December 31, 2019, will mark the end of a decade. It will also mark the end of an era in online advertising — one where third-party cookies have powered mass data collection and user privacy has been ignored.
Privacy laws, like the GDPR, and privacy settings in browsers, like Safari’s ITP and Firefox’s ETP, are ushering in a new era for online advertising.
And unlike the previous era, this one will be all about respecting user privacy.
To survive the next decade and prosper in this new era, AdTech companies will need to change their technology, business models, and mindset to a privacy-first world.
Background about the cartoon
- For over a decade, AdTech companies have been collecting huge amounts of user data without any real regard for user privacy.
- This collection has mainly been done by placing scripts on websites and creating third-party cookies in web browsers so AdTech companies can identify users across different websites and build profiles about their behavior and interests.
- Other user identification methods have also been introduced, such as device fingerprints.
- More recently, a number of privacy laws, like the EU’s GDPR, have been introduced to protect user data and give users more control over how their data is collected, stored, and used.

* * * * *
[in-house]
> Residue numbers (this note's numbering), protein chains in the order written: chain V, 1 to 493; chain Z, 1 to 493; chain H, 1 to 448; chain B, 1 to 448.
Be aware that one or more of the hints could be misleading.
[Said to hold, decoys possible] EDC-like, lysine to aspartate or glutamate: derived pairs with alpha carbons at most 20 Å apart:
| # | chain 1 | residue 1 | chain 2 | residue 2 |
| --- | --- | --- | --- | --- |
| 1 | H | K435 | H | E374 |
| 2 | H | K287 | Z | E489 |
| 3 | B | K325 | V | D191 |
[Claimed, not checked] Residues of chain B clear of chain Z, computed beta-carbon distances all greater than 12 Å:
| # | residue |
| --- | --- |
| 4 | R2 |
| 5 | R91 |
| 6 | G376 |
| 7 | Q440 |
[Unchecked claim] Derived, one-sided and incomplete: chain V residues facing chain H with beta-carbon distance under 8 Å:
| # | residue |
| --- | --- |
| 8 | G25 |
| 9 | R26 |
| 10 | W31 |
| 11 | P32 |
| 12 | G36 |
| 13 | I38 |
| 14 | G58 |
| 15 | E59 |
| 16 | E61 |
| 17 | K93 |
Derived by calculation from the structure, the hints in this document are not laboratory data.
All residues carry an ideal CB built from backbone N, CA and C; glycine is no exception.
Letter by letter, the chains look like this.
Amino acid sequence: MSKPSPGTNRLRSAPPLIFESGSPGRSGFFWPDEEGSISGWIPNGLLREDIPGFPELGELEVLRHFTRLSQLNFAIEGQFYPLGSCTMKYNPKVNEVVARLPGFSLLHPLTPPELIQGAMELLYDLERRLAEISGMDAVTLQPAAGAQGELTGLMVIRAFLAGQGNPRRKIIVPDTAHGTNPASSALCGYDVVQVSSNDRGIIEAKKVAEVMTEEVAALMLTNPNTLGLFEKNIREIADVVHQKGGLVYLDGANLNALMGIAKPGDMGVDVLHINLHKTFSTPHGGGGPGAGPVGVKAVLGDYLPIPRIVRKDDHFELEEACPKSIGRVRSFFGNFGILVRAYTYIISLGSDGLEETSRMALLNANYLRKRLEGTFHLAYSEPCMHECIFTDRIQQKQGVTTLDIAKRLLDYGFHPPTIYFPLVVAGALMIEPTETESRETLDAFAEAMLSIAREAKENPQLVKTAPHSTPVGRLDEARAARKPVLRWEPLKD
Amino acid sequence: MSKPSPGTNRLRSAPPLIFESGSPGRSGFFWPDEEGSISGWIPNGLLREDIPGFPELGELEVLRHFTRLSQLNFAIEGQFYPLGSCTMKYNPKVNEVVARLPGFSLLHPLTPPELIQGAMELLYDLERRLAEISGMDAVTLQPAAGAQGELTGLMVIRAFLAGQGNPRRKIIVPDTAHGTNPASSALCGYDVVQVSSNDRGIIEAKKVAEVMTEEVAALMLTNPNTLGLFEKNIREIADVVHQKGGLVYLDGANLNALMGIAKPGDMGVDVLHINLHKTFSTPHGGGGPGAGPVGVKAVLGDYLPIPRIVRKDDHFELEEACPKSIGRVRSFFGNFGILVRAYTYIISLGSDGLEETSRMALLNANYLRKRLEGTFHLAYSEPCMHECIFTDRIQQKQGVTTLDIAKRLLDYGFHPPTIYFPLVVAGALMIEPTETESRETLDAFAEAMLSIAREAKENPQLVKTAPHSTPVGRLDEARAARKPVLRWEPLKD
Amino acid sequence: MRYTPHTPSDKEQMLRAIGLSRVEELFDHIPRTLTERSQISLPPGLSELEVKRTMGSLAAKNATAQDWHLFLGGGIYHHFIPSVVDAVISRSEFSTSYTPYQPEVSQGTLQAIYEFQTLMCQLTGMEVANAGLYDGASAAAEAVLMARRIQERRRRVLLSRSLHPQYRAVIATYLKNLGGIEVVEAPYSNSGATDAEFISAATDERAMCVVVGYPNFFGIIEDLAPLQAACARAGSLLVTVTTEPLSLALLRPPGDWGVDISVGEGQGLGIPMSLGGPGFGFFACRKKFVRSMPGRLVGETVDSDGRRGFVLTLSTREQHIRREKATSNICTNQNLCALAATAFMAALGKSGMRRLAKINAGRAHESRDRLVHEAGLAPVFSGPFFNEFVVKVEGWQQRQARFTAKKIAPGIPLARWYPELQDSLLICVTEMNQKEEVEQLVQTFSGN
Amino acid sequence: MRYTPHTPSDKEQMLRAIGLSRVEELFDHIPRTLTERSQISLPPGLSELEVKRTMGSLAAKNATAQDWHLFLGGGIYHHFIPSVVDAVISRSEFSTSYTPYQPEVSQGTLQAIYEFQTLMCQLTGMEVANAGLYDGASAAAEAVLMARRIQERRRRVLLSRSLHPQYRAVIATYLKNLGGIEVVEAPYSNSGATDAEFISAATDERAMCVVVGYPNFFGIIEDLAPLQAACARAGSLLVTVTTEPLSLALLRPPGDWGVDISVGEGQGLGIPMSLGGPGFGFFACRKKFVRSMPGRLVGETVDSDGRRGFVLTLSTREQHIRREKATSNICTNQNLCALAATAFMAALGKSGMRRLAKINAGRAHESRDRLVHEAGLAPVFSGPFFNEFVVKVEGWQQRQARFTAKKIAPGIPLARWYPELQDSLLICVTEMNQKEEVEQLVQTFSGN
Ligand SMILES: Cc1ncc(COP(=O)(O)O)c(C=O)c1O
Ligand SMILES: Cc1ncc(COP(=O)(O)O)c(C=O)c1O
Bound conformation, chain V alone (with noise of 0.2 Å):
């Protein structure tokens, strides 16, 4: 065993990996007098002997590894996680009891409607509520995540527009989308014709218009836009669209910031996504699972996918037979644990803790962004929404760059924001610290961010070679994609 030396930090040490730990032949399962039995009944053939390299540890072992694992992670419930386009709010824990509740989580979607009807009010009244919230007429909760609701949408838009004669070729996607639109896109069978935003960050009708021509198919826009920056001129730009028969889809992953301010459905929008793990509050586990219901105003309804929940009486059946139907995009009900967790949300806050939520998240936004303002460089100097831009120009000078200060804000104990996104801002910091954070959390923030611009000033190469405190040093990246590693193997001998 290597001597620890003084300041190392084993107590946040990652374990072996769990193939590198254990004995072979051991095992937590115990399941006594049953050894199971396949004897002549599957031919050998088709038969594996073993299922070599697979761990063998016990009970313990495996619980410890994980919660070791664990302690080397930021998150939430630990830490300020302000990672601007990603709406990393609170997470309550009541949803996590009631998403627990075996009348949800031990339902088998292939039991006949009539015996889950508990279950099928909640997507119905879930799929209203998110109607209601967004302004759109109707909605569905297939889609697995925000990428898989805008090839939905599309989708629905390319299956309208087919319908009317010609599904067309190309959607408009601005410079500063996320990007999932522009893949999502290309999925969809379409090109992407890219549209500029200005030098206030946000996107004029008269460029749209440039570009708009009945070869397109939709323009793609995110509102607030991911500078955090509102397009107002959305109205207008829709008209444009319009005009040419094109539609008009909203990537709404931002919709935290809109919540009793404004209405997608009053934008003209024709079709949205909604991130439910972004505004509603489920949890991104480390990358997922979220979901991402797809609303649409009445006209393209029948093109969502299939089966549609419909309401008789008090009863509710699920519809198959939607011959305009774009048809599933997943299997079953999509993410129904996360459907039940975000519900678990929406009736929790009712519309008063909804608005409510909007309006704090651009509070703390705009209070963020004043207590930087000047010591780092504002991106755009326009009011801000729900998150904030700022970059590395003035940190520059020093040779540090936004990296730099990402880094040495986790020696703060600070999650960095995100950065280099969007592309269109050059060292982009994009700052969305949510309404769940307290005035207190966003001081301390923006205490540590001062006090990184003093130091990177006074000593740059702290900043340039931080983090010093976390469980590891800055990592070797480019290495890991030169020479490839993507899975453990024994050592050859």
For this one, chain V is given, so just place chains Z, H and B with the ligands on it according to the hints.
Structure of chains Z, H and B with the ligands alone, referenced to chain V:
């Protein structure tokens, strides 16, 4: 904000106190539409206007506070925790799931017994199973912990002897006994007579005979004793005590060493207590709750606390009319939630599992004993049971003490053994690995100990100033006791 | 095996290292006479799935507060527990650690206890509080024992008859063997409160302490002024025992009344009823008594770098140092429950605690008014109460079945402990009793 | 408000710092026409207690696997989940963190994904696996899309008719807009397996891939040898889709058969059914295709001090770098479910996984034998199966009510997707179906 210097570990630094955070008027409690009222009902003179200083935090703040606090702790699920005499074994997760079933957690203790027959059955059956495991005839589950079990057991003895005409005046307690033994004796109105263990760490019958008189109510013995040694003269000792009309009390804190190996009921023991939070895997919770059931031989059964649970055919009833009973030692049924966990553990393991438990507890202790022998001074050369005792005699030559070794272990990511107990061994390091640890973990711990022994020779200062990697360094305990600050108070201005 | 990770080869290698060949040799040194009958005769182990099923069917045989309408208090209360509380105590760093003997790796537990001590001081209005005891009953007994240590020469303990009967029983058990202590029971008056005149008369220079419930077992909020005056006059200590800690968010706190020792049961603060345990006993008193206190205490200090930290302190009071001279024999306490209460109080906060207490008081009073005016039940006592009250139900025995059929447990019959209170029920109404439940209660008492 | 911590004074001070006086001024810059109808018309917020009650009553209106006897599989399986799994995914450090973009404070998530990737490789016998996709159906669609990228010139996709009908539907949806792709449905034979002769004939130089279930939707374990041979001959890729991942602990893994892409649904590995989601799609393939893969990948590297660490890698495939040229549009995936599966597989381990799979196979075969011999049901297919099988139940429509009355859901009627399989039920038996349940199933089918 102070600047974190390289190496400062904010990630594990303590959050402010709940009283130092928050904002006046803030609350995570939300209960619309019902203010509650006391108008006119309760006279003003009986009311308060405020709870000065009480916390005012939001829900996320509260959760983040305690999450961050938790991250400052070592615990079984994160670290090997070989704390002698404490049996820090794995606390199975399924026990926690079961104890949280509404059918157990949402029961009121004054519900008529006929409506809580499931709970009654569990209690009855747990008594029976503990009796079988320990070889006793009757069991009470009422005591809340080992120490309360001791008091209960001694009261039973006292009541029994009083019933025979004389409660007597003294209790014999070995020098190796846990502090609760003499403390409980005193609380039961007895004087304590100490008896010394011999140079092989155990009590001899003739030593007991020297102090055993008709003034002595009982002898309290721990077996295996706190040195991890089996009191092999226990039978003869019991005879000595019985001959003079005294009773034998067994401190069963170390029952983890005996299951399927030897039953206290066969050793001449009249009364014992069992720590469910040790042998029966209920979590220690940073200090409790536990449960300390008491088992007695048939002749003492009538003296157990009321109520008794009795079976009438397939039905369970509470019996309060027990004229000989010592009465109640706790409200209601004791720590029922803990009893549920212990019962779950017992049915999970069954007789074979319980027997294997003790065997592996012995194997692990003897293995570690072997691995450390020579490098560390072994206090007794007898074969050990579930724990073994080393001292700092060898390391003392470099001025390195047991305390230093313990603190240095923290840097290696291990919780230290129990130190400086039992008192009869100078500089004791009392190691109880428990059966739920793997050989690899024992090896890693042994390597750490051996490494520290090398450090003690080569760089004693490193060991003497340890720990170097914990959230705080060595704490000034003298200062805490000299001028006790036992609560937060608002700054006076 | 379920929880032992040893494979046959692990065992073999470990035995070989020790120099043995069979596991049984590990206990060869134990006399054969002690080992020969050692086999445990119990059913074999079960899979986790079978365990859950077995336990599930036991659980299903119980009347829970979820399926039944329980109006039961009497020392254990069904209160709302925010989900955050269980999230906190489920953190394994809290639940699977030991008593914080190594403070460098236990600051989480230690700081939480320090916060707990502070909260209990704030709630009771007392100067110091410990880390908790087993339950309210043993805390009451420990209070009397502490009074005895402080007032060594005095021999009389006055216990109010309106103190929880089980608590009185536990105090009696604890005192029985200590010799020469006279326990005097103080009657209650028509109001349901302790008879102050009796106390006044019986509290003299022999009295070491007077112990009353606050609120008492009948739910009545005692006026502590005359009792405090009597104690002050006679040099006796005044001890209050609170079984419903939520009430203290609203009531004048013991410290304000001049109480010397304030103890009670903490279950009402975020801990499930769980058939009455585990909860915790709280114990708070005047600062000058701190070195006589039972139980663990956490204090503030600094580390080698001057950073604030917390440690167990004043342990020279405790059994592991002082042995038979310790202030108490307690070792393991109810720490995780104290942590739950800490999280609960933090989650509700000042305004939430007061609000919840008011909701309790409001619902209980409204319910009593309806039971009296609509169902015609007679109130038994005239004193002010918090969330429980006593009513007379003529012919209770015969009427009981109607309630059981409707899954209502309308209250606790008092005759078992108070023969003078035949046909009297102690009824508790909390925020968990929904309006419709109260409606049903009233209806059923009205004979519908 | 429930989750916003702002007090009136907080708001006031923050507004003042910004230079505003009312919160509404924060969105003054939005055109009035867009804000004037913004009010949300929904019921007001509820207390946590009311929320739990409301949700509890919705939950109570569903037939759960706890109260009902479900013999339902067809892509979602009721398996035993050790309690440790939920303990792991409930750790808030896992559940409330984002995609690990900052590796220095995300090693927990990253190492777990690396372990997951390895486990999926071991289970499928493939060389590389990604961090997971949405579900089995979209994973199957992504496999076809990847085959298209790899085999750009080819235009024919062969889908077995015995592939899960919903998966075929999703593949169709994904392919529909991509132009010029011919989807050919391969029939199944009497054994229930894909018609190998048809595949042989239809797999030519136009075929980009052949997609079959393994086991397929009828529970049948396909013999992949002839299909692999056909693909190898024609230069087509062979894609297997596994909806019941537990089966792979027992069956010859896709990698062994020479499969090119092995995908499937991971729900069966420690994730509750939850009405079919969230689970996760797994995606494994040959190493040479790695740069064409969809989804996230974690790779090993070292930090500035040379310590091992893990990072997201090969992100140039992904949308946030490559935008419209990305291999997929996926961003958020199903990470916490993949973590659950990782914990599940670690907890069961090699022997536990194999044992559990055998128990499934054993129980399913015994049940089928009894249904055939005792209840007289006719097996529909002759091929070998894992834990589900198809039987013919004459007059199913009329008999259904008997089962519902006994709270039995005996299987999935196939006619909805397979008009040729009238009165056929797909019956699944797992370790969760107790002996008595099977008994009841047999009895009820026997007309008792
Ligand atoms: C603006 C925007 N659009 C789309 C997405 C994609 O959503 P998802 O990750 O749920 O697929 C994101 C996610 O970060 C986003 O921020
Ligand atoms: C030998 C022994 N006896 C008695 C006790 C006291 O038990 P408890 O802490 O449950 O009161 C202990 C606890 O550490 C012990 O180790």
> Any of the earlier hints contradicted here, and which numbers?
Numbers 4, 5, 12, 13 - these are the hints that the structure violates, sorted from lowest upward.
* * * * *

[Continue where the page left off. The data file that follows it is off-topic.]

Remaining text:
- The GDPR requires companies to obtain explicit and voluntary consent from users before they collect their data or identify them, e.g. via third-party cookies.
- The UK’s Information Commissioner’s Office (ICO) has said that the RTB in its current form doesn’t comply with the GDPR due to the way personal data is broadcast and collected.
- Safari’s Intelligent Tracking Prevention (ITP) feature blocks third-party cookies by default and restricts how long first-party cookies and local storage data can stay in a user’s browser.
- Firefox’s Enhanced Tracking Prevention blocks cross-site tracking cookies (third-party cookies created by AdTech companies) by default and allows users to block device fingerprinting by changing their privacy settings.
- Both Safari’s ITP and Firefox’s ETP have reduced the availability of third-party cookies by 40% according to some estimates.
- Google’s Chrome has given users more control over how third-party cookies are set and stored, allowing users to block and delete them. These changes will likely come into effect in February 2020.
- The California Consumer Privacy Act will come into force on January 2020 and allow citizens and residents in California to say “no” to companies selling their data.
It’s clear that the future of online advertising will need to operate without relying on third-party cookies and needs to respect user privacy and comply with privacy laws.